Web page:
How do you know your house or condo is overpriced?

1. Your home is priced much higher than properties in your area

Your REALTOR® will conduct a comparative market analysis of recently sold homes in your area to set a target price range. Homes in the same neighborhood with similar size and condition typically have comparable values. Pricing your home even 5% above others could lead to it being overlooked, indicating a need for a price adjustment.

2. Few showing requests

Besides photos, the list price is the first detail that catches buyers’ attention. If the price doesn’t match the home’s appeal and location, potential buyers may lose interest. A lack of showing requests or a poor turnout at an open house signals it might be time to reconsider and reduce your listing price to draw more interest. Remember, buyers think in terms of their monthly payments, not the total mortgage cost, so understanding what buyers will need to spend monthly to purchase your home can be advantageous for sellers.

3. No offers in the first few weeks of being on the market

A lack of strong offers on your home could indicate it’s not priced right. Normally, sellers should expect at least one offer within the first two weeks of listing. If three weeks pass without serious interest, it’s advisable to consult with your REALTOR® about adjusting the list price.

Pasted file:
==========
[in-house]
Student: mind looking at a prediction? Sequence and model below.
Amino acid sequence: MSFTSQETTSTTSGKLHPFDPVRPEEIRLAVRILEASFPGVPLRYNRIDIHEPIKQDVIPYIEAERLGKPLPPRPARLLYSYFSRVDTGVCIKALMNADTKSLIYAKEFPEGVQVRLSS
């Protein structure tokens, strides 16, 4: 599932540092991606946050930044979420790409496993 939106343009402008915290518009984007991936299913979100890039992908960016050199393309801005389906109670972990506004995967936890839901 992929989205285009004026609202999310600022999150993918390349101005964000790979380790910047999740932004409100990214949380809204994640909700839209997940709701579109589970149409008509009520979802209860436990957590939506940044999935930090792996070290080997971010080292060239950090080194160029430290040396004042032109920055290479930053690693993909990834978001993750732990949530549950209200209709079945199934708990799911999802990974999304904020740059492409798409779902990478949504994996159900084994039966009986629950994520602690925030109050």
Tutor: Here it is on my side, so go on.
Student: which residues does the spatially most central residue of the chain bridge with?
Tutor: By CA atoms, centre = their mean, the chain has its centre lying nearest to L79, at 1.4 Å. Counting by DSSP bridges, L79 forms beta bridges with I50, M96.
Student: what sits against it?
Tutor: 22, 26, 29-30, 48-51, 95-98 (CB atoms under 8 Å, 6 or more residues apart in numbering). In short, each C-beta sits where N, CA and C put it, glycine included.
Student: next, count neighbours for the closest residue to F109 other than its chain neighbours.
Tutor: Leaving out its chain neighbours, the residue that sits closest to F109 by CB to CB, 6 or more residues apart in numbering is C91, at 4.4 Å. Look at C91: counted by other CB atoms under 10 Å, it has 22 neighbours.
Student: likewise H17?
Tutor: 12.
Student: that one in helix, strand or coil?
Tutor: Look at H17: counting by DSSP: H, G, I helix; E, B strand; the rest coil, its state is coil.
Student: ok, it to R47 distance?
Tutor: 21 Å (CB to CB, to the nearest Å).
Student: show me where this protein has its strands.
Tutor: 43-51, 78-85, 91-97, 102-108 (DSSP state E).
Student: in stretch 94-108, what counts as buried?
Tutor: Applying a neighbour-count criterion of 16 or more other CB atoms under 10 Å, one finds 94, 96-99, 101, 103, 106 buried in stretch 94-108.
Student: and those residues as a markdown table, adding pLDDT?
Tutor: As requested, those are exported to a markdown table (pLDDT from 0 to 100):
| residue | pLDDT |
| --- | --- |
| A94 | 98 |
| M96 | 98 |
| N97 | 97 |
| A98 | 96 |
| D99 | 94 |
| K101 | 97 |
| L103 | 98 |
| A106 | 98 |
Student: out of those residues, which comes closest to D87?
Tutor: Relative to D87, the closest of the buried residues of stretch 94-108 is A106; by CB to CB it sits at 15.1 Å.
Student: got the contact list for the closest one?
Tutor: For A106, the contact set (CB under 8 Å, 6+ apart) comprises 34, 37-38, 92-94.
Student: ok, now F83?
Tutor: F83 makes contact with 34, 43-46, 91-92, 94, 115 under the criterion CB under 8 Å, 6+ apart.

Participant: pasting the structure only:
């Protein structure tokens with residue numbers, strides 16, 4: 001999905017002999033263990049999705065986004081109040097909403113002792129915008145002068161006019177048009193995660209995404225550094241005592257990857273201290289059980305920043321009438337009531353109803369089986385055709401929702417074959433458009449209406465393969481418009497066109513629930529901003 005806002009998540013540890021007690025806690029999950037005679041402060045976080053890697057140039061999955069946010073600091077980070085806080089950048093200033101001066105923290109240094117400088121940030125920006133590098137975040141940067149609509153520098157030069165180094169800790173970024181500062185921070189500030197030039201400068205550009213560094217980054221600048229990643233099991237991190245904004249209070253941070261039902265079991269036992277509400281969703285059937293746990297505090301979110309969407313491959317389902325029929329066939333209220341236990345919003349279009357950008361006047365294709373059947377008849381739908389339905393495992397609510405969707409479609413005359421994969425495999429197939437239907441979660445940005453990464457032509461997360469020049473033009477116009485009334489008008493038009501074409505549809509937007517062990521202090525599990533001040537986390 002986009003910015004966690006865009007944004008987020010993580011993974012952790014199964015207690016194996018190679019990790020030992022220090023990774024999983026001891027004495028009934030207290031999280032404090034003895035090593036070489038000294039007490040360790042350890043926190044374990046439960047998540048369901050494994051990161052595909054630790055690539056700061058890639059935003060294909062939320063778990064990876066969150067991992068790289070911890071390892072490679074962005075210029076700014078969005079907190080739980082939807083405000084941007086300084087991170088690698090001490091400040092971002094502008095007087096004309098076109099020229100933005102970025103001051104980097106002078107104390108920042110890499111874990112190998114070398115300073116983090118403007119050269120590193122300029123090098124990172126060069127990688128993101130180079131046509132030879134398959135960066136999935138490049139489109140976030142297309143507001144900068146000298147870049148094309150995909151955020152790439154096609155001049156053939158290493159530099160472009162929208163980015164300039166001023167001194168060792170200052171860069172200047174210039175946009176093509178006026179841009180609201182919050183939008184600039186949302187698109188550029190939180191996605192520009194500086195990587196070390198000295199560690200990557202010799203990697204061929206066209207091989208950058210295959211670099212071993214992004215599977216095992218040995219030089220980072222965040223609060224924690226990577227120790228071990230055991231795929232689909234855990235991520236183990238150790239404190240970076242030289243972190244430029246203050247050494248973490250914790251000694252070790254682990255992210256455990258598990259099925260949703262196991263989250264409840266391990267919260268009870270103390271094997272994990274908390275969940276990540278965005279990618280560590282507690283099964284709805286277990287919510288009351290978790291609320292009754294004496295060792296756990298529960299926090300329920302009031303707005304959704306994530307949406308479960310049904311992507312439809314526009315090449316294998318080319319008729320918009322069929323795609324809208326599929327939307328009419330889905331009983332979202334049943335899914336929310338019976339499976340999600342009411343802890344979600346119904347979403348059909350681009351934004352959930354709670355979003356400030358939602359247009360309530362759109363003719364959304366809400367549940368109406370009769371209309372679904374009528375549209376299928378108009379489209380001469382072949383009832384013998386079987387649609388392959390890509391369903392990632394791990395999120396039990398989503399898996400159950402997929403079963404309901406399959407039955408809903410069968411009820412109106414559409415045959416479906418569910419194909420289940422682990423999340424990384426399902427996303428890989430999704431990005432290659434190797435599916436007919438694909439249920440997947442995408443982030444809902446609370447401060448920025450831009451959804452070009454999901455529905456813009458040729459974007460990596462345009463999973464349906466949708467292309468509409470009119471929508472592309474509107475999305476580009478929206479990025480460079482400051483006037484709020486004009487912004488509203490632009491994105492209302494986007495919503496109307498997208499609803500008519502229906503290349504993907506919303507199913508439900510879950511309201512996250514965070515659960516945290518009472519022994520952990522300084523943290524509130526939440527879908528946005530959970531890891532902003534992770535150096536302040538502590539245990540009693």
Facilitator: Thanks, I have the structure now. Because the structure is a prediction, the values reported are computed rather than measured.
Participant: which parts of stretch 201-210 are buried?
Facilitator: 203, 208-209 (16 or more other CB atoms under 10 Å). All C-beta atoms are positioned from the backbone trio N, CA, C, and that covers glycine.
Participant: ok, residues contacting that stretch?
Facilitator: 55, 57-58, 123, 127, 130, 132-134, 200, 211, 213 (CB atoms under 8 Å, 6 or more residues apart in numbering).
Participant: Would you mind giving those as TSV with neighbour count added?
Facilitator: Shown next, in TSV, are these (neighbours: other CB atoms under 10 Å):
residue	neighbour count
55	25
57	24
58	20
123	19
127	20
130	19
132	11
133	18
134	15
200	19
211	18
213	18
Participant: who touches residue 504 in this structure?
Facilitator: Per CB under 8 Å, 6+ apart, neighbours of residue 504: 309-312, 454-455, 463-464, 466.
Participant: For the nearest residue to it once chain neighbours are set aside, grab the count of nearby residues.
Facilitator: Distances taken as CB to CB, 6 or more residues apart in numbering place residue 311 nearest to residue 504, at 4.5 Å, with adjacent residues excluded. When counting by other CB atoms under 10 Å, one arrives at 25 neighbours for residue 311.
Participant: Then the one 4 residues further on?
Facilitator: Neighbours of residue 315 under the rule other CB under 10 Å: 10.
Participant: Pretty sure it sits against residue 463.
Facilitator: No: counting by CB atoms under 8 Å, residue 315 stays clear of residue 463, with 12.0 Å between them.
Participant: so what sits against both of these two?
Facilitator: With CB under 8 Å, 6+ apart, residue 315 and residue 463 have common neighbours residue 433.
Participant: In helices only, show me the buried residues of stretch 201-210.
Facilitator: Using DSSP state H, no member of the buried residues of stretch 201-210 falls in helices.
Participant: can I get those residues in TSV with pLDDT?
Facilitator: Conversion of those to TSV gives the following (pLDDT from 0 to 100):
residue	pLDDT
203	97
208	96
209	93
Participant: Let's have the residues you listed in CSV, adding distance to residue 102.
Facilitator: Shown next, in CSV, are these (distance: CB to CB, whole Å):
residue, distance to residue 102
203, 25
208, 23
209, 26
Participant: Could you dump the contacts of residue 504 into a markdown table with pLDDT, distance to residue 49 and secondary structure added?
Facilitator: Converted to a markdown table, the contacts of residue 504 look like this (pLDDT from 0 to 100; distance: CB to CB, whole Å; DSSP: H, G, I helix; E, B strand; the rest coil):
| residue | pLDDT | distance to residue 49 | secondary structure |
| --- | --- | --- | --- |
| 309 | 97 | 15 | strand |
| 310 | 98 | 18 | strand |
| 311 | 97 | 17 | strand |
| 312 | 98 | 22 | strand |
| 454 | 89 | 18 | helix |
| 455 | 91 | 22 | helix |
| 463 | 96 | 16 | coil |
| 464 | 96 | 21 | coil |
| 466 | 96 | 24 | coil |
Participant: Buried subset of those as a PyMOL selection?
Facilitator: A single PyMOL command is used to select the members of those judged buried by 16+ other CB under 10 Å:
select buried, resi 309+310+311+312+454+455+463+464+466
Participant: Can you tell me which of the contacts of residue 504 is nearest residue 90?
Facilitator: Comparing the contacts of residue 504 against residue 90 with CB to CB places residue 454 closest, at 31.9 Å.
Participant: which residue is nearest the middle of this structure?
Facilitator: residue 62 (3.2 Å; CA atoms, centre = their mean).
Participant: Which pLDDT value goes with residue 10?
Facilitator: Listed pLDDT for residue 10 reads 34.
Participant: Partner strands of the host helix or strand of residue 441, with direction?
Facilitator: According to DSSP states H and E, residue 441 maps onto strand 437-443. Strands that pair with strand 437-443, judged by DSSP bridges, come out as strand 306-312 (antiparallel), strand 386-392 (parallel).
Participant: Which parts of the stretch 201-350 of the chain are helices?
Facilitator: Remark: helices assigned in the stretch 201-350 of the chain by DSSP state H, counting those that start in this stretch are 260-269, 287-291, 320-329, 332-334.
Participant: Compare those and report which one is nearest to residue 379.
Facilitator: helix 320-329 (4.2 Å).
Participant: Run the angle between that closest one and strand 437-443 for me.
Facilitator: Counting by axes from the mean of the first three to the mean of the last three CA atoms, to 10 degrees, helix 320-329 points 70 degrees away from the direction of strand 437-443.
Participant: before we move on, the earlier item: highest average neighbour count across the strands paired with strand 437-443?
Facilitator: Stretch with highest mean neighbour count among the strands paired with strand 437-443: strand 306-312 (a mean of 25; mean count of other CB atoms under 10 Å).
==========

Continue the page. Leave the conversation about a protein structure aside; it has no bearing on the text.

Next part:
4. Your agent recommended the highest listing price

Choosing the REALTOR® who suggests the highest listing price for your home isn’t always the smartest move. It may indicate a lack of market understanding, potentially leading to underperformance. Ensure you comprehend the reasoning behind their suggested price by requesting recent and active comparable sales in your area. If their suggested price significantly deviates from these comparables, you risk missing out on a quick and competitive sale.

When and how much should you adjust the price?

If you’re questioning the need for a price adjustment, it’s probably time to make one. A lack of strong offers or interest three weeks into the listing should prompt a price change. Delaying the inevitable only postpones attracting more buyers, showings, and offers.

Since 2005, Lamacchia Realty has utilized data to refine a pricing model for homes, introducing the Lamacchia Realty Target Pricing Model in 2007. Even with efforts to price homes correctly from the start, adjustments may be necessary to engage more interested buyers.

The accompanying graphic illustrates how to gauge the necessary price reduction. Being in the “bullseye” means your home is priced correctly and attracting strong offers. If you’re outside that zone, the graphic suggests the extent of adjustment needed to realign with market expectations.

Get Your Price on Target

  • If your home is receiving showings but no offers, somewhere between a 3-5% adjustment should be made.
  • If you’re receiving a small number of showings and only some drive ups, you probably need somewhere between a 6-11% adjustment.